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Cemetery art at Forest Hills, and unseen faces at Harvard
BY CHRISTOPHER MILLIS
"The 4 Elements"
At Forest Hills Cemetery, 95 Forest Hills Avenue, through August 31.
"Harvard Works Because We Do"
At the Carpenter Center for the Visual Arts, 24 Quincy Street in Harvard Square, through August 17.
Roger Tory Peterson led bird walks there for years. White-marble monuments to local legends Isabella Stewart Gardner and Mary Baker Eddy (whoís reputed to have had a phone installed in her tomb so as to be in direct posthumous contact with the church she founded) tower above their respective man-made lakes. So itís little wonder that Bostonians tend to think of Cambridgeís Mount Auburn Cemetery as second only to Calvary as final resting place deluxe.
In fact, even apart from its revered Colonial burying grounds, Boston has never been a one-cemetery town. In 1848, Henry Dearborn, mayor of Roxbury and later first president of the Massachusetts Horticultural Society, began a landscaping project whose aim was as much to bury the dead as it was to delight the living. On its 275 acres at the southern-most end of the Jamaica Way, the Forest Hills Cemetery boasts its own faux bodies of water, walking paths, and sculpted vistas modeled after English country estates; yet itís also the last home to cadres of other Boston luminaries, including William Lloyd Garrison, e.e. cummings and Eugene OíNeill.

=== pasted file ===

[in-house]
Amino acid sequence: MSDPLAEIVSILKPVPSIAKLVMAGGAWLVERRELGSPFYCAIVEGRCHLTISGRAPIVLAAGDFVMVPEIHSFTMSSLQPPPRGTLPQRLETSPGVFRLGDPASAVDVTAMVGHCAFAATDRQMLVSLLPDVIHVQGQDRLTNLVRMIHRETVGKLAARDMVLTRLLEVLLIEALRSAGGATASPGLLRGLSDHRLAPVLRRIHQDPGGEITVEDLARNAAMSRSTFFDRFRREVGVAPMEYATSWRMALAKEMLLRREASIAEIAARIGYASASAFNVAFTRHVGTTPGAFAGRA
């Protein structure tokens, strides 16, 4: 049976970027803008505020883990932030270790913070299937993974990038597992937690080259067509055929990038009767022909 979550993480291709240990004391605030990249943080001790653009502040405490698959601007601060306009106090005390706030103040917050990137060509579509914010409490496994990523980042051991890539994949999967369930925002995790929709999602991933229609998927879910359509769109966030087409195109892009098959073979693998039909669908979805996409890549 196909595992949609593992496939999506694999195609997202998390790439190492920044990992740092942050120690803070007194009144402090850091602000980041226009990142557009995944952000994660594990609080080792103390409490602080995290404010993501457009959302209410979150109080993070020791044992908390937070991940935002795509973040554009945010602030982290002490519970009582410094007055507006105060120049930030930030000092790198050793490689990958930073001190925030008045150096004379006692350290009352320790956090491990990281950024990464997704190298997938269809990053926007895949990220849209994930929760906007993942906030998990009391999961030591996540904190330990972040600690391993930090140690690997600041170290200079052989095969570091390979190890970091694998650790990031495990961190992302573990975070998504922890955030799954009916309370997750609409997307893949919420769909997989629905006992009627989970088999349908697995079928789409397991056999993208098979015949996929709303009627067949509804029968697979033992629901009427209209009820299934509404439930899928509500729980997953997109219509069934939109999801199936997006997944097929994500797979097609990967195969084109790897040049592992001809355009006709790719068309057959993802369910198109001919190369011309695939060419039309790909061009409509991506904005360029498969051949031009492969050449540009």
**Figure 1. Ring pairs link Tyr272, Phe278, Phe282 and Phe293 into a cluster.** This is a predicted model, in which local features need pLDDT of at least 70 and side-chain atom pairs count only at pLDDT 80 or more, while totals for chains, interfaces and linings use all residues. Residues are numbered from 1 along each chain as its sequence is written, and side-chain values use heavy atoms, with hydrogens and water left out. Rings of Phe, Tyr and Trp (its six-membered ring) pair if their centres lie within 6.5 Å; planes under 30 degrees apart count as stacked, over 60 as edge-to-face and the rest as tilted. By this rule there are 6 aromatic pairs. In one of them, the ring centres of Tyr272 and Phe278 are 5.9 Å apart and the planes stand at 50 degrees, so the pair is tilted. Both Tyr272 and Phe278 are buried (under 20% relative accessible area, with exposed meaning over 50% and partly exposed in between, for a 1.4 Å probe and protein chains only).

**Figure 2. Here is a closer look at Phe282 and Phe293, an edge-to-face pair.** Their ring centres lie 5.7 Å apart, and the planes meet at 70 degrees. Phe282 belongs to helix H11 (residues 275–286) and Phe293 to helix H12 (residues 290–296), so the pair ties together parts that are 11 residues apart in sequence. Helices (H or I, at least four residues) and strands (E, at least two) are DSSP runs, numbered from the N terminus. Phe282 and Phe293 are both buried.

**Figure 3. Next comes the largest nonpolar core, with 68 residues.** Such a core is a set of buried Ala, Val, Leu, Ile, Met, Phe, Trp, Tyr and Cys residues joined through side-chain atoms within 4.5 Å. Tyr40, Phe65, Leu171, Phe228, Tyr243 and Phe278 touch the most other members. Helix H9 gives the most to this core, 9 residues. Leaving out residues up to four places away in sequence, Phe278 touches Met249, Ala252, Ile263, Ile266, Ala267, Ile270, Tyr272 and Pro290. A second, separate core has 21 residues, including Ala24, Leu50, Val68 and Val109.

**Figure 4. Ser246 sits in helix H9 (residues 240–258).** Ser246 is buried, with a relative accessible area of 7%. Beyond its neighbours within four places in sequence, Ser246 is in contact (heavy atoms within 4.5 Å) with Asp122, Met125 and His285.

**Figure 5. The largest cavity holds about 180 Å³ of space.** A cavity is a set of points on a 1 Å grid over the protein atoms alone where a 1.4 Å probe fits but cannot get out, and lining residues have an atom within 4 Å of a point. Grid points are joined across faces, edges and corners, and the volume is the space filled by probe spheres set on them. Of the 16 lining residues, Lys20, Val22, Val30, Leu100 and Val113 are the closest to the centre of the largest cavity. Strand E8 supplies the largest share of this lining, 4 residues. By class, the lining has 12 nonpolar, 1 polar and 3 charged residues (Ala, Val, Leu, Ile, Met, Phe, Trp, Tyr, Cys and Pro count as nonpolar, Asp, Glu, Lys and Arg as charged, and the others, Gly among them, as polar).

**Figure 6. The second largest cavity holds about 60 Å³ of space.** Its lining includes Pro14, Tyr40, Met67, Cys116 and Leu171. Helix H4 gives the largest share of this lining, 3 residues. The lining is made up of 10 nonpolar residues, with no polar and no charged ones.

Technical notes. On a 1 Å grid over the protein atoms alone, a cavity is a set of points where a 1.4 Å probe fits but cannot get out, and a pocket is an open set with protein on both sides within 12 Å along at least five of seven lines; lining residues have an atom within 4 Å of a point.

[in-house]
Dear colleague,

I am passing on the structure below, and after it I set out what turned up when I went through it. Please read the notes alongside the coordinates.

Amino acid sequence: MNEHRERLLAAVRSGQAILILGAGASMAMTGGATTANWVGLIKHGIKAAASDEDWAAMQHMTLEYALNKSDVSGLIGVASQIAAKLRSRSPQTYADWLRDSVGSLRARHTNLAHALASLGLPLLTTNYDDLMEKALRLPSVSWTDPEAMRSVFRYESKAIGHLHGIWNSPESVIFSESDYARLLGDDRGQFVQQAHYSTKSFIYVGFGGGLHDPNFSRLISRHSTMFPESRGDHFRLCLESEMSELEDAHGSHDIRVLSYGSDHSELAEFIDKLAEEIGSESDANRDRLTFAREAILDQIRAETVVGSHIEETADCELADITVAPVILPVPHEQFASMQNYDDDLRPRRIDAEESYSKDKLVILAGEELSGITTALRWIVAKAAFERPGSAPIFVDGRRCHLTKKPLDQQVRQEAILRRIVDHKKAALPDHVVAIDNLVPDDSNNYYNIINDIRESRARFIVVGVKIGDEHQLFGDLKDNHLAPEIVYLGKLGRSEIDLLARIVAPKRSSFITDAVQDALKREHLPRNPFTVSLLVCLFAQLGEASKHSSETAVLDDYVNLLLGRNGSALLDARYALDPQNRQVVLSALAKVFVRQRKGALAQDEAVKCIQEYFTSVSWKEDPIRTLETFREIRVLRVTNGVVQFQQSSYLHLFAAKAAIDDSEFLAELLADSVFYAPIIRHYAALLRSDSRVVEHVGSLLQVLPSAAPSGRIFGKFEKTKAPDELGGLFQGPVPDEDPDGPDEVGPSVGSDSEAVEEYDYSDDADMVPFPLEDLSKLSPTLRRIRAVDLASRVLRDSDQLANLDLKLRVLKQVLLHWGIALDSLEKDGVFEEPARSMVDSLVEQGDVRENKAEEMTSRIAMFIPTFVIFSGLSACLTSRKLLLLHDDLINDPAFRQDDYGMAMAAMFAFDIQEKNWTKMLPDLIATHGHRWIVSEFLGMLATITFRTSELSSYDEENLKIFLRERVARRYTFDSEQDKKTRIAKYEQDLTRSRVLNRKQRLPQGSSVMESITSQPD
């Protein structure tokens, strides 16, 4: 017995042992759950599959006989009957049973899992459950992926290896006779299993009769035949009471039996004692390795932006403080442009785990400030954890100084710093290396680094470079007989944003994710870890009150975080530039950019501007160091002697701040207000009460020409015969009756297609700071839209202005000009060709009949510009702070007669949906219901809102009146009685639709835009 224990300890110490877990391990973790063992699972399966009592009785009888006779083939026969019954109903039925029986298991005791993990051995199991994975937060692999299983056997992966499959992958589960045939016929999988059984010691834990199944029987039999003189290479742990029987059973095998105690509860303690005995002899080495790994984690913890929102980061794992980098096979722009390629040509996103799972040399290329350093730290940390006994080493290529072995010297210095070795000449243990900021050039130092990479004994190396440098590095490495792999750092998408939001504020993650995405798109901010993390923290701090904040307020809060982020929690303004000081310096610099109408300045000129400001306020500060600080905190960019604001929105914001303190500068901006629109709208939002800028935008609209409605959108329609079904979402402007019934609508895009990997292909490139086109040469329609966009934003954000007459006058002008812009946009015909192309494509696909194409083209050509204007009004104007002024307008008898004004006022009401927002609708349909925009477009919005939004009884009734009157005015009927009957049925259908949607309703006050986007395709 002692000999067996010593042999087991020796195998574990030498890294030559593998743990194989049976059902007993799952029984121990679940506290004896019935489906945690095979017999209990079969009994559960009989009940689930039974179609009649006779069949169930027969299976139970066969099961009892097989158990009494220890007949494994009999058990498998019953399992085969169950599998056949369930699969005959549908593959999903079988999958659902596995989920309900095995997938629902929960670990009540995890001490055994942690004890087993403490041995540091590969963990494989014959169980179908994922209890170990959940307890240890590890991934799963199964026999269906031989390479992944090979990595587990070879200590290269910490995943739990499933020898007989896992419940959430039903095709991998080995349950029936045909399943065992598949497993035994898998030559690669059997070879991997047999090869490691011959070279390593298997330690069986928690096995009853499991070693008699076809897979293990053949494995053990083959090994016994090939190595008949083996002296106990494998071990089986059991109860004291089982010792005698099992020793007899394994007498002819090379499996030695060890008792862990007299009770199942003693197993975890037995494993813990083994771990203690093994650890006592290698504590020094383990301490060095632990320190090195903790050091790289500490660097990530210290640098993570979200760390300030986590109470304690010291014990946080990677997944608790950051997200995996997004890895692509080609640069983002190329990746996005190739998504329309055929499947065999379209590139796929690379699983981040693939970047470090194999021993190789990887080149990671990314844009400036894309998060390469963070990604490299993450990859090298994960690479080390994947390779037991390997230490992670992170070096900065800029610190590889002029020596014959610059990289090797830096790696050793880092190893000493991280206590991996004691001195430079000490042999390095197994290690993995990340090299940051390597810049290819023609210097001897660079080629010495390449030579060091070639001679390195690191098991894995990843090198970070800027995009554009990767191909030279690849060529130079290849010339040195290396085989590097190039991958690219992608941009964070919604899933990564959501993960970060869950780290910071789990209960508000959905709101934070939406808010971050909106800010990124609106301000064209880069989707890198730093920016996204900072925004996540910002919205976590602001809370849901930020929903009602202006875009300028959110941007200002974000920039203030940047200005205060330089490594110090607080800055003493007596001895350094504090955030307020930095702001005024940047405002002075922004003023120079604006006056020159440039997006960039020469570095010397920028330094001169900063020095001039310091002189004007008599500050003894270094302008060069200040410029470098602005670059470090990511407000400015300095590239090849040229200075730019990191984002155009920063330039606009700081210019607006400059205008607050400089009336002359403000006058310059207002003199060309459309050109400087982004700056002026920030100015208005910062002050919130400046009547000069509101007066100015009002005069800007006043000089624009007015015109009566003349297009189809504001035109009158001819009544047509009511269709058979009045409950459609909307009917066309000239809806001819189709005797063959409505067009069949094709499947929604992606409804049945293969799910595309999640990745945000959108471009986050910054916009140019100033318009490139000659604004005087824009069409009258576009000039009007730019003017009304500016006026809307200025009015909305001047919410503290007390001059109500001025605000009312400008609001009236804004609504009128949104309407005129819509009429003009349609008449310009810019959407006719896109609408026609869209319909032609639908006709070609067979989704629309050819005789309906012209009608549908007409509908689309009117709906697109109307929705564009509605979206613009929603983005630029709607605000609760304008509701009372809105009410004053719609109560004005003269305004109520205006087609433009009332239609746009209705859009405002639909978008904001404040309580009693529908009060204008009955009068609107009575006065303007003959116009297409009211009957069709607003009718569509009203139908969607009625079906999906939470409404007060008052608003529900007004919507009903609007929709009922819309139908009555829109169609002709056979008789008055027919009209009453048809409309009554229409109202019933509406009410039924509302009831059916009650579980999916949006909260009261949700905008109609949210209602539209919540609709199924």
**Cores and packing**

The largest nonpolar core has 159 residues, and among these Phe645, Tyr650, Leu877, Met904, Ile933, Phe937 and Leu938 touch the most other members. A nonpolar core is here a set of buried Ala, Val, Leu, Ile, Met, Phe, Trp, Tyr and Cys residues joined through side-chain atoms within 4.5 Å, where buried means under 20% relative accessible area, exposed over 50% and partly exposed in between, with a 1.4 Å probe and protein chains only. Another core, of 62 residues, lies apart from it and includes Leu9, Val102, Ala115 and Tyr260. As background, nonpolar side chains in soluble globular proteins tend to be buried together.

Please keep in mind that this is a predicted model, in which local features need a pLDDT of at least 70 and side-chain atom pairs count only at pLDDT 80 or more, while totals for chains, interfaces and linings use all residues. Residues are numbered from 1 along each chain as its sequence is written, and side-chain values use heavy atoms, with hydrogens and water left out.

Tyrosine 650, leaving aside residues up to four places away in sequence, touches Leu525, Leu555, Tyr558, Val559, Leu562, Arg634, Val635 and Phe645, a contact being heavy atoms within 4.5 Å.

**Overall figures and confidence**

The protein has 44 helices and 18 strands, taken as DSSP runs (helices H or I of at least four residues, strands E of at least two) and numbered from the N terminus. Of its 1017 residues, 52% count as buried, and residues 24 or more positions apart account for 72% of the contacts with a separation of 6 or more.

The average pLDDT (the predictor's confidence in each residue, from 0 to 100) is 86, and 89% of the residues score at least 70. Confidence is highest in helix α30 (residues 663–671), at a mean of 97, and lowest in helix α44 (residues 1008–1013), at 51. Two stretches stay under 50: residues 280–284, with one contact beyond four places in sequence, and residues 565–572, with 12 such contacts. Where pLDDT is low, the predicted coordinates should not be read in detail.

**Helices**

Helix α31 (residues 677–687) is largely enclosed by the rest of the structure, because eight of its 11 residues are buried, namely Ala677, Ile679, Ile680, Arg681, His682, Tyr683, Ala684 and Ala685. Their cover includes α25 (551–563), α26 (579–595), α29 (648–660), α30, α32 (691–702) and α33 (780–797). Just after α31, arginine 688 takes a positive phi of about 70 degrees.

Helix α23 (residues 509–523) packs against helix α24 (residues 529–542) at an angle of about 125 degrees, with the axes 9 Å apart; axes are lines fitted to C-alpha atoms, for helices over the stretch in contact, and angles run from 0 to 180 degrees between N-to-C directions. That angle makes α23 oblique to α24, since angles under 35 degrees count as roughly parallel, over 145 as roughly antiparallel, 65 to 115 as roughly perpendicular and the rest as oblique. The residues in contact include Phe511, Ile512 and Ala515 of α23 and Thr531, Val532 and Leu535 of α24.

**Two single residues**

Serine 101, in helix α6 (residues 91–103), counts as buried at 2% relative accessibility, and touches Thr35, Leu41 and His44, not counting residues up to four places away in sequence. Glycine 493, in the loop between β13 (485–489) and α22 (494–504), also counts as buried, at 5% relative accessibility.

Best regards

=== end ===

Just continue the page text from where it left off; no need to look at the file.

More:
But wait, thereís more. Five years ago, the Forest Hills Trust began building on the cemeteryís estimable history as a sculpture garden. Already monuments by Martin Milmore and Daniel Chester French decorate the Forest Hills grounds. In addition to developing a collection of contemporary permanent outdoor pieces, the Trust hosts temporary site-specific installations during the summer. This yearís show, the second such exhibit, is up through August 31, and among the 17 works that compose "The 4 Elements" are some tender, inventive, breath-taking creations that play off the cemeteryís exotic flora and cultivated land design.